A low-cost, portable system to test water quality and help authorities deal with pollution or pesticide contamination has been developed in Australia.
Researchers at RMIT University in Melbourne collaborated with the Victorian Department of Primary Industries to develop the proof-of-concept sensor.
The initial target of the system is a fungicide used in areas of intensive horticultural production close to catchments.
The RMIT prototype sensor uses selectively adsorbing polymers designed to quantitatively detect specific water-borne contaminants.
The prototype has been demonstrated to representatives from Victorian water suppliers, catchment management authorities and regulatory agencies.
Project leader David Mainwaring says the device provides a rapid, inexpensive method of measuring chemical residues on-site.
"It will aid water managers in the minimisation of off-target impacts of spills, industrial pollution and agricultural application of pesticides to water catchment quality," he says.
Existing analytical testing methods are time-consuming and expensive.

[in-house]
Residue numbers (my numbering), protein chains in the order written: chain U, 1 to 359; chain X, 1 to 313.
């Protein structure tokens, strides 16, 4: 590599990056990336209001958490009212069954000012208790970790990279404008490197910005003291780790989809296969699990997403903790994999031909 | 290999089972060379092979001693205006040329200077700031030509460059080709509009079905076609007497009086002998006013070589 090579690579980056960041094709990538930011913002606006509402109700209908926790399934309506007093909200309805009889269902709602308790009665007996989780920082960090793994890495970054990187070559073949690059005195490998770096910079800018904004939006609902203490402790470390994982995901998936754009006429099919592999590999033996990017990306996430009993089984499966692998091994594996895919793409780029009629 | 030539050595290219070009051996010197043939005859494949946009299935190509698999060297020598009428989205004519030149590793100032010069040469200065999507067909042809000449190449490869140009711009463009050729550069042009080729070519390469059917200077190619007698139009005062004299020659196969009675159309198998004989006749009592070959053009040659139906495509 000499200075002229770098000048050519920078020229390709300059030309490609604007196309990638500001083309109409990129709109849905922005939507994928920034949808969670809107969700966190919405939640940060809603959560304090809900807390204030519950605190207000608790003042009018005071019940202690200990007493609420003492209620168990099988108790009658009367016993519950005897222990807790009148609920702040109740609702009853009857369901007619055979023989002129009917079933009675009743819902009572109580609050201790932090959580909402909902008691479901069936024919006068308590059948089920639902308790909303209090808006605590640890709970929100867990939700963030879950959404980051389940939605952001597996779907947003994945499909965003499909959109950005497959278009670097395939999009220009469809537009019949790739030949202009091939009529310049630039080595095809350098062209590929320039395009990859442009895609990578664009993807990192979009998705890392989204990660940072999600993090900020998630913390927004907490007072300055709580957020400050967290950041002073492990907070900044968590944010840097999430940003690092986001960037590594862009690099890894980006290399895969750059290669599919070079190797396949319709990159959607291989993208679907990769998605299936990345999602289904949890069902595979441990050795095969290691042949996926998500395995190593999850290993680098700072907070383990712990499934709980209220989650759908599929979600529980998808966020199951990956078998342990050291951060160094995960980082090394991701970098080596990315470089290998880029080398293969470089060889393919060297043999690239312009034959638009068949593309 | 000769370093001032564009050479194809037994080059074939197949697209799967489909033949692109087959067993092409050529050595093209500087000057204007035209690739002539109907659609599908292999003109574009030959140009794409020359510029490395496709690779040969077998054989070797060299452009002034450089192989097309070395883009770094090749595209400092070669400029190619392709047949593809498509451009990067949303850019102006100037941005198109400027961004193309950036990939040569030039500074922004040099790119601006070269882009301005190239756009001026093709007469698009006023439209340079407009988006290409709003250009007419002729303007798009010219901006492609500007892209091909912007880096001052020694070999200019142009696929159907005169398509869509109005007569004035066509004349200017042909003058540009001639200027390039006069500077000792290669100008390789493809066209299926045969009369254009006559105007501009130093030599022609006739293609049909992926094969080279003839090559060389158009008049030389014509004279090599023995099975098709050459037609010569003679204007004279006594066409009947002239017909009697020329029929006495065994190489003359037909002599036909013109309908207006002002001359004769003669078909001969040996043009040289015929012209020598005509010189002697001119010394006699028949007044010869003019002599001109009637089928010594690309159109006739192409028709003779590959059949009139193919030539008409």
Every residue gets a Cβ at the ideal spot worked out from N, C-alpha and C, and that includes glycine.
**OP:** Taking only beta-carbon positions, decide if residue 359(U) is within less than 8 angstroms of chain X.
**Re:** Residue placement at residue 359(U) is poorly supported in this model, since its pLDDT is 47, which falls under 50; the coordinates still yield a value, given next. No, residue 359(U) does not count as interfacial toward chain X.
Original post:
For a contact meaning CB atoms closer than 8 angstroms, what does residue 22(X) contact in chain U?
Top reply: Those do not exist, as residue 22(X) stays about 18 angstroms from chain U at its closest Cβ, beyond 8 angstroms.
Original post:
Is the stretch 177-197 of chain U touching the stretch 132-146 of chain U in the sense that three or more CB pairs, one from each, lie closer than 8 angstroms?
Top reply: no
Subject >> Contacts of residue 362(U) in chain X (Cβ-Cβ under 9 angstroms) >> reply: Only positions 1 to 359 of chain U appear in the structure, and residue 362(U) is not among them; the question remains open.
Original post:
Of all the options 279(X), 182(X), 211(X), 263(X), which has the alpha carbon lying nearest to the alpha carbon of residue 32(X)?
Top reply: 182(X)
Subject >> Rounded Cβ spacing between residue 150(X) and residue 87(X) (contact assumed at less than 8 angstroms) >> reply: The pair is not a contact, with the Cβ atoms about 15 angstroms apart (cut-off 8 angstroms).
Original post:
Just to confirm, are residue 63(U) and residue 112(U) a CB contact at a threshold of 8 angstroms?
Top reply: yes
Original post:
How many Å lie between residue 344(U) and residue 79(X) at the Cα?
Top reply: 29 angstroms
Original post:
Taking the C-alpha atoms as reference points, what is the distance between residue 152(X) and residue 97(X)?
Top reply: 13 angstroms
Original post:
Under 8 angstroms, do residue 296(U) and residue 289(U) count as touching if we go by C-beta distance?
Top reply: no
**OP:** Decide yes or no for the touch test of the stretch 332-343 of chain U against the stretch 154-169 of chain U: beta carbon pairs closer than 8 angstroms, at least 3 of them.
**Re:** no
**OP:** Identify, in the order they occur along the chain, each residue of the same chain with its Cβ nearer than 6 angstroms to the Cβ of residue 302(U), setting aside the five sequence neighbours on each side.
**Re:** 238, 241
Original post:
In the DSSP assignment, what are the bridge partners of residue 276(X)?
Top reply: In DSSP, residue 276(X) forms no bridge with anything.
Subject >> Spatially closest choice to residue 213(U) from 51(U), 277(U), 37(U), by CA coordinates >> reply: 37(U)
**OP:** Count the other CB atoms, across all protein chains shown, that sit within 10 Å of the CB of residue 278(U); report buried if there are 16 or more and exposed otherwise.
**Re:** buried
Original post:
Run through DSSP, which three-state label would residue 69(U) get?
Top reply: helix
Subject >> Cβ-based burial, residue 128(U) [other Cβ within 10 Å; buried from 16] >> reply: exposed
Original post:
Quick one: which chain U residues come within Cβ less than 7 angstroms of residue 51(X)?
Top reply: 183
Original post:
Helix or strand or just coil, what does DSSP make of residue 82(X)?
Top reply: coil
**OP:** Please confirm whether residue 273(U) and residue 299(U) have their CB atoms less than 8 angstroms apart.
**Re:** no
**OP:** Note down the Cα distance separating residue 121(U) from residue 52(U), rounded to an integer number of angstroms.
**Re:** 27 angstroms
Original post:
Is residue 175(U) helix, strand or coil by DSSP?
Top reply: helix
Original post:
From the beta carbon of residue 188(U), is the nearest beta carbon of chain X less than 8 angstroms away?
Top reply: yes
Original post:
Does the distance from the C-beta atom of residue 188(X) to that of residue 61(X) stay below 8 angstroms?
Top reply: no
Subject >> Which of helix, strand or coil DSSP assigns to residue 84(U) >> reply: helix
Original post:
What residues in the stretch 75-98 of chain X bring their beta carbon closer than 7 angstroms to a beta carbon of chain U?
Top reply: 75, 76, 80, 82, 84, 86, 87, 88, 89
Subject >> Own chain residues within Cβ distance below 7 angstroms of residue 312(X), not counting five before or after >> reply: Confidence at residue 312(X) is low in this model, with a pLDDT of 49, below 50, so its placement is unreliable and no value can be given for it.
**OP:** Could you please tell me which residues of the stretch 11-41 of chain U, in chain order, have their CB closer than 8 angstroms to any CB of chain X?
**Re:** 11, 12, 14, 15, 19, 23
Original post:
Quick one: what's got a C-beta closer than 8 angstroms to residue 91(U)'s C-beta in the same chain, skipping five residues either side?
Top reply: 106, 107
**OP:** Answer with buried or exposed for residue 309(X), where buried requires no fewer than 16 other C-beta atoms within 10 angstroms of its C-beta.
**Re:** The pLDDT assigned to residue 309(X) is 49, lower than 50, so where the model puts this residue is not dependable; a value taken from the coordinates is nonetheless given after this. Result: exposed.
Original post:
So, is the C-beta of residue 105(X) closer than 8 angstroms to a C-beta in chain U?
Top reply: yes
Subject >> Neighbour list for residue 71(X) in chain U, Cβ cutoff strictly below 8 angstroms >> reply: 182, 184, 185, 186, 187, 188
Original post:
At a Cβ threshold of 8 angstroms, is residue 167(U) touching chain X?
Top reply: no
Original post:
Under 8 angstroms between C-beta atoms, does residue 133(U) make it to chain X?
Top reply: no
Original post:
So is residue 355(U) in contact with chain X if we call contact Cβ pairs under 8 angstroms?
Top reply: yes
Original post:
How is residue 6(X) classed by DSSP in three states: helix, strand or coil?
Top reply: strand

Department of Primary Industries researcher Colin Cook says the sensor can evaluate water supplies very quickly to target specific contaminants.
"Taking precautions to protect water supplies following a pesticide spill can be very expensive, without even considering the test costs," Cook says.
"Speedy results can guide the emergency response efficiently for industry as well as the government agencies."
As a first indication, the instrumentation will cost less than A$2,500. By using reusable sensing chips, costs per test appear less than a dollar.
The sensor uses advanced functional polymer technology that can be tailored to detect specific water contaminants including a wide range of herbicides, pesticides and fungicides.
On-site testing could potentially be conducted in ground water, run-off waters, rivers, creeks, irrigation channels and tanks.
Mainwaring says functional polymer technology also had wider applications in the containment of contamination for water catchments since the polymers can readily absorb more than 10% of their weight for a variety of agricultural chemicals.
"Further applications of such functional polymers could include the accurate quantitative detection of anti-bodies, heavy metals, E coli and antibiotics," he says.